Voices of civilian internment: WWII Singapore
The Royal Commonwealth Society Collection at Cambridge University Library has digitised the archives of two Second World War civilian internment camps established by the Japanese at Singapore, generously funded by a Research Resources Award from the Wellcome Trust. The records are of immense interest to the families of internees and a wide range of researchers, since few survivors ever spoke of their traumatic ordeal. The survival of this unique archive is largely due to the vision of Hugh Bryson, a career member of the Malayan Civil Service, who himself was interned. While Secretary of the British Association of Malaysia and Singapore from 1952 to 1967, he collected original documents, diaries and correspondence of historical interest from members, and encouraged them to write their memoirs. When the association disbanded in 1977, its archive was deposited with the Royal Commonwealth Society, and it came to Cambridge in 1993 when the University acquired its library.
With the outbreak of the Second World War, British colonial civil servants remained at their posts and civilians running businesses overseas stayed to support the war effort. In this respect Malaya’s rubber and tin industries were particularly important. There were plans to evacuate women and children from Malaya, but the speed of the Japanese invasion in December 1941 caught many by surprise. There was an exodus of refugees to Singapore as the Japanese advance continued. Memoirs in the collection record the final battle for Singapore: aerial bombardment, shelling, blazing petrol stores in the harbour and the acrid smoke of burning fuel.
On 17 February 1942, three days after the surrender, all remaining British civilians of European descent were ordered to report for internment. On 6 and 8 March they were marched to Changi Jail, a grim concrete building in the eastern part of the city. Although built to house 600 inmates, roughly 2,500 civilians were confined there. Internees were separated by gender. Boys stayed with their mothers until they were 12, when they were transferred to the men’s camp. In May 1944, internees were moved to the former military command centre at Sime Road. About 1,100 more people were interned at this time.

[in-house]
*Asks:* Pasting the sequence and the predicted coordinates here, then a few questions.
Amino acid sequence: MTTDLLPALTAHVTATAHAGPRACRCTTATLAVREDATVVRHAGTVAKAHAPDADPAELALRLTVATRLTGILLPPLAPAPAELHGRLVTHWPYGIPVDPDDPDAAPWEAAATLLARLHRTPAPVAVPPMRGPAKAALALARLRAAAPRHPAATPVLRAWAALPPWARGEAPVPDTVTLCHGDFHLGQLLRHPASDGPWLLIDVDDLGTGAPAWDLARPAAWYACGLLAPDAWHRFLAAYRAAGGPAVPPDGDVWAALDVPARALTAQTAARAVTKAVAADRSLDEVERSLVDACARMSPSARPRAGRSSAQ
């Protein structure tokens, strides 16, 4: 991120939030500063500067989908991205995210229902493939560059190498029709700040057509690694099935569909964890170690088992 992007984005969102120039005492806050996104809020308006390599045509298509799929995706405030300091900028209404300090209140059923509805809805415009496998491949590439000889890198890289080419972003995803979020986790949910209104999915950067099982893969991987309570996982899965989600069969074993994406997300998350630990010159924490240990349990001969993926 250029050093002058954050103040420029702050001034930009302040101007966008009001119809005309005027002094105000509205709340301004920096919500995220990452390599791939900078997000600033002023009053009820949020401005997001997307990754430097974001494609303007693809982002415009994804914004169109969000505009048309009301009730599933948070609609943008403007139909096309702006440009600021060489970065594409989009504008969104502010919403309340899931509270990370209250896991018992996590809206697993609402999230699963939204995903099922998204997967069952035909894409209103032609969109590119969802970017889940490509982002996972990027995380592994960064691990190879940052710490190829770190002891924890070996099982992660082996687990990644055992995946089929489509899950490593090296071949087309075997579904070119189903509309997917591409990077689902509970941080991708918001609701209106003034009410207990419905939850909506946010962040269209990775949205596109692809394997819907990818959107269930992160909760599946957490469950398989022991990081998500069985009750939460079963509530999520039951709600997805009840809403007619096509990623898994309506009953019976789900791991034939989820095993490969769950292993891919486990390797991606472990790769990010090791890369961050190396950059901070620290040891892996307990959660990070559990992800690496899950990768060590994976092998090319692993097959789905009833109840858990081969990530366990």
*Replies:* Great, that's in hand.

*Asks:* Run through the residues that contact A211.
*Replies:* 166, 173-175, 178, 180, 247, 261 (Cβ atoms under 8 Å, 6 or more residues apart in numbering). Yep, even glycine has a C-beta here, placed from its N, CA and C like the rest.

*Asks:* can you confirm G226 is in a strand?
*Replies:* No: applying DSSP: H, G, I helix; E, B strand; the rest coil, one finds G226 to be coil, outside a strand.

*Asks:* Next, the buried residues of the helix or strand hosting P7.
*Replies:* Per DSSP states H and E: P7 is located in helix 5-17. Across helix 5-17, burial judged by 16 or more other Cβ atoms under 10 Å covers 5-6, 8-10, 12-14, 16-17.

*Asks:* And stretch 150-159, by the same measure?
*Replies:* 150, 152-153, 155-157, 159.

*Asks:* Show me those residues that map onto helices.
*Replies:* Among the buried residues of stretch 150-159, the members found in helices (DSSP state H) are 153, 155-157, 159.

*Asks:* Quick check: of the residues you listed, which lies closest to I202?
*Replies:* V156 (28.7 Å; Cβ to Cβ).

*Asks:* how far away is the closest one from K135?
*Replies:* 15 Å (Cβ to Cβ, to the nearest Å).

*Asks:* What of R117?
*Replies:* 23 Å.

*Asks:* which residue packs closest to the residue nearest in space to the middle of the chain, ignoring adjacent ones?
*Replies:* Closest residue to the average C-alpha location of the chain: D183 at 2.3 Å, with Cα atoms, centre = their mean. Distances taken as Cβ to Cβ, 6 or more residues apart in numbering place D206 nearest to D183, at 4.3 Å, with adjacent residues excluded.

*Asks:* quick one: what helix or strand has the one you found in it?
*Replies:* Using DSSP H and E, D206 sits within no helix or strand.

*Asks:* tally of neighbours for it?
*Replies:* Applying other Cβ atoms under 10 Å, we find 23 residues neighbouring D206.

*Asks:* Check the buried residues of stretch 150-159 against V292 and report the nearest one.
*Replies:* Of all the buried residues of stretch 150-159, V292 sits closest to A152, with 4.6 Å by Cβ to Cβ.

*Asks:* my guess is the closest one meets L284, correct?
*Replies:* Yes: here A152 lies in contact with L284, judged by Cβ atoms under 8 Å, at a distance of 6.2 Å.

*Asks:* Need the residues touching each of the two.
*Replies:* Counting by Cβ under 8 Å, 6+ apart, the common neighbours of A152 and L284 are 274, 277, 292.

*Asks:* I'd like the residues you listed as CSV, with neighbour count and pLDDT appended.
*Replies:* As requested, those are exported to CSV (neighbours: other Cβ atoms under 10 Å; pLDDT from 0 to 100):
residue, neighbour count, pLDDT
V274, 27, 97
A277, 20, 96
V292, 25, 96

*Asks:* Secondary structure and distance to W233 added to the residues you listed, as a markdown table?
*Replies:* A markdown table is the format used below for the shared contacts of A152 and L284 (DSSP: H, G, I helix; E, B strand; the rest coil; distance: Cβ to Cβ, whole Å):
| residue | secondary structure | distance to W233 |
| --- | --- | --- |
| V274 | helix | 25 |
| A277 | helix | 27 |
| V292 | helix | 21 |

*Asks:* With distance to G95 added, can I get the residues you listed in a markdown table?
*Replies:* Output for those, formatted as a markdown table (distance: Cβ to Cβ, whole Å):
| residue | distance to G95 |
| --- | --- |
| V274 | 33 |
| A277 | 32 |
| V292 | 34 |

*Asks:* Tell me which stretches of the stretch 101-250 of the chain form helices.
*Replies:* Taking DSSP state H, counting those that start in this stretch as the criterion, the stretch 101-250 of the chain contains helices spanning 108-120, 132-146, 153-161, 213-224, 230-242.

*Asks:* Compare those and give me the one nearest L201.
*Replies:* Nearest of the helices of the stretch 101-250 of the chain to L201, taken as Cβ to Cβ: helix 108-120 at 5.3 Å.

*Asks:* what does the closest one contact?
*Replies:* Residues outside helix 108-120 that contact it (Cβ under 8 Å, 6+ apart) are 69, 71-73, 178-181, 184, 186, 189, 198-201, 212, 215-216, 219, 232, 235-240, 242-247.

The archive is composed of two types of material from the men’s camp: official records of the camp administration and the poignant personal memoirs of individuals. Together they help vividly to reconstruct the lives of civilian internees, shedding light upon relations with the Japanese authorities, accommodation, camp discipline, work parties, diet, health, hygiene, recreation and repatriation at the end of the war. Among the most significant camp records are two nominal rolls which document each internee’s personal data. Although Britons were the great majority, the final roll call at Sime Road from August 1945 includes the citizens of more than twenty countries, emphasizing the international significance of the collection. A replica of the Memorial Book of the Association of British Civilian Internees Far East Region, which lists the names of all known British and Commonwealth civilians interned by the Japanese, has also been digitized.
At various times, the camps were under the control of the Japanese Army High Command, the Military Administration Department or the Military Police, but their actual day to day running was delegated to the internees themselves. Internees elected male and female representatives to liaise with the Japanese, and commandants of the camps’ constituent areas. The collection holds archives compiled by one of the camp commandants, John Weekley, who had been a mining engineer before the war. Most civilians entered Changi with only what they could carry, suitcases or kit bags containing clothing, toiletries and personal items. Everything else, including beds and bedding, furniture, cooking and eating utensils, and tools or materials for essential services, the cultivation of the gardens and the repair of buildings, had to be procured by the internees themselves. There was never enough of anything, and shortages worsened as the war progressed. The camps were required to provide fatigue labour for the Japanese, and workers were also employed gardening, woodcutting and in general maintenance.
A universal memory noted by internees was constant, nagging hunger. Provisioning from the Japanese was limited, and official rations were cut towards the end of the war. Paramount was the constant struggle for internees to supplement this with what they could grow in camp gardens or acquire from external sources. Purchases were funded by loans raised by internees. The archive preserves records of the camp quartermaster, Norman Jarrett, a civil servant who had been Food Controller, Malaya. Statistics of the monthly weighing of internees recorded a steady decline in weight and nutritional deficiencies became acute. Weekley’ s files describe the organization of camp medical services and the foundation of a hospital, while reports from medical staff document the internees’ failing health. Internees were subject to an often arbitrary and brutal disciplinary regime, inflicting co